Bankruptcy is perhaps one of the best known debt management solutions and it is probably the route that most people would prefer not to take. But, the fact is that bankruptcy may well be the best option for many people, both for individuals and soletraders. This solution allows you to sort out your debts once and for all, usually within a year. So, should you declare yourself bankrupt?
Bankruptcy is one of the most effective yet extreme ways of freeing yourself from debt. Here you basically declare yourself bankrupt (or your creditors may petition to have you declared bankrupt) and your assets are used to pay off as much of your debt as possible. Once you are released from bankruptcy (usually after one year) your remaining debts will be written off. Let’s take a look at the bankruptcy process:
- You, or your creditors, make a bankruptcy petition to either your local County Court or to the High Court in London. The court will then initiate a bankruptcy order against you.
- There may be three fees payable here -- a court fee, an administration cost and a fee to swear your statement of affairs during the bankruptcy process.
- The court will then decide if bankruptcy is the right route for you to take. If it is then your bankruptcy order will be approved. If not, you may be recommended to take a different debt management route.
- If your order is approved then you will have to work with the Official Receiver to assess and wind up any assets that you have to go towards paying off your debts. In some cases you may be able to use a licensed Insolvency Practitioner here.
- Once your bankruptcy period is finished any remaining debts that you have will be written off.
What are the benefits to you?
Bankruptcy comes with a range of benefits that may make it the best solution for many people with serious debt problems. For example, bankruptcy can help you:
- Totally clear yourself from debt within a relatively short space of time and then make a fresh financial start. You will pay off some of your debts from your assets and the rest will be written off at the end of the period.
- Prevent creditors from chasing you for the money that you owe. Once you have a bankruptcy order in place they have to leave you alone.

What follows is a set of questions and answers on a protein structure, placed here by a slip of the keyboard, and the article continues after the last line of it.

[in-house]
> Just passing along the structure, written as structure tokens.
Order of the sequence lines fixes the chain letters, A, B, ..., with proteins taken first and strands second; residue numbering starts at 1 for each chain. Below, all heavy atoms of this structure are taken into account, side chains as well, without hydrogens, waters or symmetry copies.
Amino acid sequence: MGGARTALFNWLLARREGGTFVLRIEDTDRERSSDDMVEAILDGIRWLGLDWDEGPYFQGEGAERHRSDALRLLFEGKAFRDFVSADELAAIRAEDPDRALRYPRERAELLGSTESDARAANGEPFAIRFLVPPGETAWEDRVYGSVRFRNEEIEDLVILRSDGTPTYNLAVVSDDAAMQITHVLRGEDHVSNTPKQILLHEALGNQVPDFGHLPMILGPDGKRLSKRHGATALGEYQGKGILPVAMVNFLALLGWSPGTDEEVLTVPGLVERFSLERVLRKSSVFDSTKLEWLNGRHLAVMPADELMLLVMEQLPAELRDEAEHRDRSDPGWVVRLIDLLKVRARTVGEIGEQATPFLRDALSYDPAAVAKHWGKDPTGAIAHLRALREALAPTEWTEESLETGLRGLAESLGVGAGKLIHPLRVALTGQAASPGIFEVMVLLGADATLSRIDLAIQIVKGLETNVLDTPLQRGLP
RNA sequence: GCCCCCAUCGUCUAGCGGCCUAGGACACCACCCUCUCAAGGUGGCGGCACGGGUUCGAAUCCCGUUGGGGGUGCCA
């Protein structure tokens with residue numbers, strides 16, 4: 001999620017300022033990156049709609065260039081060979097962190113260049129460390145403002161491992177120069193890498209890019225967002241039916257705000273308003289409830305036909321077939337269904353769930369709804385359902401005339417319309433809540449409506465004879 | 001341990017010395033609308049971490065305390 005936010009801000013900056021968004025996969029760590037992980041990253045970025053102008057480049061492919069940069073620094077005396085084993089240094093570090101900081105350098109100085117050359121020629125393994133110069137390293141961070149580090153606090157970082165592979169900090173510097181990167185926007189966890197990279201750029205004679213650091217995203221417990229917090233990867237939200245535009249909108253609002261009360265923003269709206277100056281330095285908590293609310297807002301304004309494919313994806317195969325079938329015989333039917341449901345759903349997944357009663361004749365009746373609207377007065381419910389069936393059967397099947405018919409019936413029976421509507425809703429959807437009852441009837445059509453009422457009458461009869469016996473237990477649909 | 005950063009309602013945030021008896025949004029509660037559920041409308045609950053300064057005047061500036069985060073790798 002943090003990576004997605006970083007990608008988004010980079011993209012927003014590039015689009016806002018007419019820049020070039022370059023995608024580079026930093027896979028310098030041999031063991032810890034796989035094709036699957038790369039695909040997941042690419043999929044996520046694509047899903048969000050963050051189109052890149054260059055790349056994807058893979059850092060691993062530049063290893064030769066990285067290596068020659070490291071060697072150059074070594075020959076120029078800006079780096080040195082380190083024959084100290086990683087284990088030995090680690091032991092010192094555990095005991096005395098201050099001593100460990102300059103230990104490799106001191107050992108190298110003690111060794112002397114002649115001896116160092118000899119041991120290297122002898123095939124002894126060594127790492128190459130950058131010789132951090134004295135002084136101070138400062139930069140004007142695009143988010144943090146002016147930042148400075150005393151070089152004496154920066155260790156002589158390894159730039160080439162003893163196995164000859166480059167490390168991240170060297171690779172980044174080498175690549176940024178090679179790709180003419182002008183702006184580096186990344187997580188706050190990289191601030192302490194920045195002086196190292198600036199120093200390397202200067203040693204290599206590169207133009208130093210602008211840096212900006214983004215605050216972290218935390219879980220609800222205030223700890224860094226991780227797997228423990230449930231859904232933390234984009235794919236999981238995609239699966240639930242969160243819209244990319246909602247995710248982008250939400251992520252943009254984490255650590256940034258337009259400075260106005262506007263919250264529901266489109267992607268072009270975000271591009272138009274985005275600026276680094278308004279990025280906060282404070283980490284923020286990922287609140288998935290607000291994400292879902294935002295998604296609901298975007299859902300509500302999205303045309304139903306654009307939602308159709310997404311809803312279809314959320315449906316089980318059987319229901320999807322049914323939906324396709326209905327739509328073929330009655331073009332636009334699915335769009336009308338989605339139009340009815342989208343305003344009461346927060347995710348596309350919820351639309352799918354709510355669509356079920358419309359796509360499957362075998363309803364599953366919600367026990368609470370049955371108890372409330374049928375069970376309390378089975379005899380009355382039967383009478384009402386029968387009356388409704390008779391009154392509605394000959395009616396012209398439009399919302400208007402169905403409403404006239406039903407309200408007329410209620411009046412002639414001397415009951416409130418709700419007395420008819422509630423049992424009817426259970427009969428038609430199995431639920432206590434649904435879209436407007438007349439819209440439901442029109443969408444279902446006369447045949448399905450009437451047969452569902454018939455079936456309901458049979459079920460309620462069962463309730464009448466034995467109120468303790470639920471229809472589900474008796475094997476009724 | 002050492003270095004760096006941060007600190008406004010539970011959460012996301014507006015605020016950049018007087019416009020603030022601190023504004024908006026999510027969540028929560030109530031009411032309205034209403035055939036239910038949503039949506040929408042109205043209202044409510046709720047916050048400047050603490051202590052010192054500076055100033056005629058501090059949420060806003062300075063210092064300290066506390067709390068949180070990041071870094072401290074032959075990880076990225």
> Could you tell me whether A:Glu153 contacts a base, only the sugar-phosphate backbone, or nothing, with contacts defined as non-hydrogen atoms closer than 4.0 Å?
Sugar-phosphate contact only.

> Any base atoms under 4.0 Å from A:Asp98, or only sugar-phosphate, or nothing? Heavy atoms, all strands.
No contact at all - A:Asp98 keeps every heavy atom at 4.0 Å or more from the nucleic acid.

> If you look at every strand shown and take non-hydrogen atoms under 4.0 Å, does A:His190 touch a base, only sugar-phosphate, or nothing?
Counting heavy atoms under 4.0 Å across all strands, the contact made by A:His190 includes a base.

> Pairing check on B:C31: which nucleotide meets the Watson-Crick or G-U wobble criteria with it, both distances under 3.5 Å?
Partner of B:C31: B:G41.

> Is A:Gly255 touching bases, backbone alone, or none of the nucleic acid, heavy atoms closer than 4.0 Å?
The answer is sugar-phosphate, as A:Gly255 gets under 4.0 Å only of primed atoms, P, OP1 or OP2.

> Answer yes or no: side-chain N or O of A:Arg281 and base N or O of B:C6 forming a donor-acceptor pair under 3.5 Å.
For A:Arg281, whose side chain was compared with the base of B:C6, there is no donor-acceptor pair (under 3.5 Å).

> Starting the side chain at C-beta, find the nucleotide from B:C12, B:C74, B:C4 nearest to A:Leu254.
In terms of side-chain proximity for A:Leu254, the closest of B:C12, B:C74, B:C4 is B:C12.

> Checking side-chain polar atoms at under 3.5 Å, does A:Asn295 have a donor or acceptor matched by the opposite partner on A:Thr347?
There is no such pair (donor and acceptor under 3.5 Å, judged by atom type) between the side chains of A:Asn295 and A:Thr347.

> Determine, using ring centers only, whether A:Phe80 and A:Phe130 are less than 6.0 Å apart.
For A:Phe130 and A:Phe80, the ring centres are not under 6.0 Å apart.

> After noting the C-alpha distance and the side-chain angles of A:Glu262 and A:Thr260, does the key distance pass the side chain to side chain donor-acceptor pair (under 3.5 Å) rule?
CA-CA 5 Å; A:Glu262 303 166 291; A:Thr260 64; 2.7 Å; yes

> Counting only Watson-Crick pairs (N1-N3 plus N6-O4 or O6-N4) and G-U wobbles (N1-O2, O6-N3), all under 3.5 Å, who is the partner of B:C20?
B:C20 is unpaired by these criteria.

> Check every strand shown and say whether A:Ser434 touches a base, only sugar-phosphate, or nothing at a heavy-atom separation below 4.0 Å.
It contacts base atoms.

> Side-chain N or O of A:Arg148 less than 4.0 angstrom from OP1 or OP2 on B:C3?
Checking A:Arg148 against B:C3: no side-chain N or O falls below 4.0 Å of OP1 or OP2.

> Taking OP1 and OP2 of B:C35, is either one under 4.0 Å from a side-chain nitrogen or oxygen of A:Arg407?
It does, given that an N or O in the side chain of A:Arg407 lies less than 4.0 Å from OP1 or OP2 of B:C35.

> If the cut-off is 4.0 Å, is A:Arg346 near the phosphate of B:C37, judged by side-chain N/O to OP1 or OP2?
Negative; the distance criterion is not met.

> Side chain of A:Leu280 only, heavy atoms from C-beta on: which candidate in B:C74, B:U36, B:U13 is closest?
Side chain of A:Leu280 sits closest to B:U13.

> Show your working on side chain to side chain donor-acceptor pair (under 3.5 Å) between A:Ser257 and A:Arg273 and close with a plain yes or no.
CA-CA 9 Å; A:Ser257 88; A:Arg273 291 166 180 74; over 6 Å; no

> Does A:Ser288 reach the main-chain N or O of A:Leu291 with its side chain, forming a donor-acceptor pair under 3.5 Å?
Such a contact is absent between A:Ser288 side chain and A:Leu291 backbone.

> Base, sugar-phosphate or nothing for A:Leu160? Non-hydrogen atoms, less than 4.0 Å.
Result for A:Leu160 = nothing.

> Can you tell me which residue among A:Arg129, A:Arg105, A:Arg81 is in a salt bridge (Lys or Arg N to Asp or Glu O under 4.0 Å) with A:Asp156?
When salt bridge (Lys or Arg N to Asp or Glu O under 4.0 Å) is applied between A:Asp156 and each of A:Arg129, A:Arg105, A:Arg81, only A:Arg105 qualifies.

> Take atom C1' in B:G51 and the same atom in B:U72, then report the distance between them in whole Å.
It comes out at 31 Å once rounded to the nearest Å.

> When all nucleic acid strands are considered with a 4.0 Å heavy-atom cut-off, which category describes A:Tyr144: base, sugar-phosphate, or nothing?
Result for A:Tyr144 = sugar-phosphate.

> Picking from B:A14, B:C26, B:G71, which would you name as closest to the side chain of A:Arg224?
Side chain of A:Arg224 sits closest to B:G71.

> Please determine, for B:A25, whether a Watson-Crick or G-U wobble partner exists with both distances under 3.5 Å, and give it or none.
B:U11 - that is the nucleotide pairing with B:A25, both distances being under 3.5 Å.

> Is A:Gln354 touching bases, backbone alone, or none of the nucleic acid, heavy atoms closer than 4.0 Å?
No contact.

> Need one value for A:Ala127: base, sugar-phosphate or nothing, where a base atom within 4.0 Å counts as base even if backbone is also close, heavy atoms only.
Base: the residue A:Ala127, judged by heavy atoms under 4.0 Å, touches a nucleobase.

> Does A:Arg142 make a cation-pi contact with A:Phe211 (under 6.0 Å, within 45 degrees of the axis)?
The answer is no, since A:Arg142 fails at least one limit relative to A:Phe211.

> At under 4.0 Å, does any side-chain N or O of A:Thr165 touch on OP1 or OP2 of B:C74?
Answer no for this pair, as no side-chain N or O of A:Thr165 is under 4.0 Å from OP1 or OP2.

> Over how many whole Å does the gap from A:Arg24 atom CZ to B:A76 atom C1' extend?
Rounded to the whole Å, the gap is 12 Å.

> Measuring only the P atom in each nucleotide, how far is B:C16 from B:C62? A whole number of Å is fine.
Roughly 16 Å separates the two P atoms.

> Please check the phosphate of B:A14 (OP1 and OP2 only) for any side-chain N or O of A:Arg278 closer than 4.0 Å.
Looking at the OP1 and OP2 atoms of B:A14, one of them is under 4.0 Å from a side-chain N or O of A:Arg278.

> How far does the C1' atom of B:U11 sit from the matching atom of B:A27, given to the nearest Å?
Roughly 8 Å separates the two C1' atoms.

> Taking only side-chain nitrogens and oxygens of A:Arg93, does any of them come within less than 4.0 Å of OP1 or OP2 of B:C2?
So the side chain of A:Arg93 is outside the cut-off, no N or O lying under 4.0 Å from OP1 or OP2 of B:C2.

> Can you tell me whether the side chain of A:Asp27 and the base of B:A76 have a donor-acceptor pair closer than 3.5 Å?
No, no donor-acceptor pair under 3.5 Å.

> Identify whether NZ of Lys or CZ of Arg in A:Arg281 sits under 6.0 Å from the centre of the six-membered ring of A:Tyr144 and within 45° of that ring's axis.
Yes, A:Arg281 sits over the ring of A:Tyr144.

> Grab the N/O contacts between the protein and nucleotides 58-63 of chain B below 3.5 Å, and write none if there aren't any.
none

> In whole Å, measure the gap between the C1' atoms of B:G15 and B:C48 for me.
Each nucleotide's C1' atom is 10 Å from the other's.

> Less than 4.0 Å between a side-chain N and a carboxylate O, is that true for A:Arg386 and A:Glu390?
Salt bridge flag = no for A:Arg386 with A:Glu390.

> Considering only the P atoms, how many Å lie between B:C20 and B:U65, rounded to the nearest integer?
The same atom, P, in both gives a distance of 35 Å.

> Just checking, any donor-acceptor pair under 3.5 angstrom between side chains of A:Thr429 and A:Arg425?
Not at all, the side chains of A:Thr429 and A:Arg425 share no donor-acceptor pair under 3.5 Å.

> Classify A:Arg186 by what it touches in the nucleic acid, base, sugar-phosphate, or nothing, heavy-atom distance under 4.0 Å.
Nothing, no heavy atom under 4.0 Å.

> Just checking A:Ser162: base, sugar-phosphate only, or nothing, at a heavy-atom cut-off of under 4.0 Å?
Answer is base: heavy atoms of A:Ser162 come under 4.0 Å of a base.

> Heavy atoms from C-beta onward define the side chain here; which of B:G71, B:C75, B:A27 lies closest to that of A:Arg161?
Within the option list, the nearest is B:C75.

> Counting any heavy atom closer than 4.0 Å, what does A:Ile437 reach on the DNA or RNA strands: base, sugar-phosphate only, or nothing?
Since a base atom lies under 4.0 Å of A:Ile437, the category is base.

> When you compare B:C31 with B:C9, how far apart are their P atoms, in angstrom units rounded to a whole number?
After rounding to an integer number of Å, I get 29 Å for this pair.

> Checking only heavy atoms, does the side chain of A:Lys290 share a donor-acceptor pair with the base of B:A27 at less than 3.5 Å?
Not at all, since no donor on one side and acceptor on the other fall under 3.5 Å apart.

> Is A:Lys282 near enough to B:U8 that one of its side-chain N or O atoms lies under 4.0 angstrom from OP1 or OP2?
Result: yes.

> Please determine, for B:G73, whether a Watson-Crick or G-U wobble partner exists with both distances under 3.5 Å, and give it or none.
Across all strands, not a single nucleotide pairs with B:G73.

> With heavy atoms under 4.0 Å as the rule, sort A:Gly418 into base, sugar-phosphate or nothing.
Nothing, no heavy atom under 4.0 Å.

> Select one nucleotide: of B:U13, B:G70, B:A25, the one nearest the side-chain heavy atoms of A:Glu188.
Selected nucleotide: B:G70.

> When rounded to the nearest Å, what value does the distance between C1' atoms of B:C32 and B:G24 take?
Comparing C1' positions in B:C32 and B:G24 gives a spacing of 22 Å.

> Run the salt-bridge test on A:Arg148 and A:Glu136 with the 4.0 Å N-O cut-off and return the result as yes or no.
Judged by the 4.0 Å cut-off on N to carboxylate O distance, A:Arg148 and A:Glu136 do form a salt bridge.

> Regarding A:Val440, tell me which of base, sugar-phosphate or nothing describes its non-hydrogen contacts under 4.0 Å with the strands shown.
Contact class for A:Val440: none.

Are there any drawbacks to bankruptcy?
Although declaring yourself bankrupt can be a quick and efficient way of sorting out your debt problems there are some disadvantages to taking out this kind of solution. Issues that you may want to think about here include:
- If you run your own business then it will generally be wound up. However there are solutions available to transfer your share of assets (for example, equitity in your home) in your partner to mitigate your any losses.
- Your assets will be used to go towards repaying what you owe. This could see you lose your home, car and other assets such as pensions etc.
- Other people will be able to see that you are in the bankruptcy process as bankruptcy orders are advertised.
- You will not be able to use standard bank accounts and all financial institutions that you use will be notified of your bankruptcy. You will also not be able to apply for new credit agreements over £500 unless you inform the lender that you are bankrupt.
- Your bankruptcy will show up on your credit history for at least 6 years which may make it hard to get new finance in the future.
- Some professions will not allow you to work within them if you are bankrupt and you cannot serve as a Director of a limited company.
- Bankruptcy Help and advice can prevent costly mistakes
Generally speaking there are no limits set on whether you can declare yourself bankrupt. However, if a creditor is trying to have you declared bankrupt then you need to owe them at least £750.
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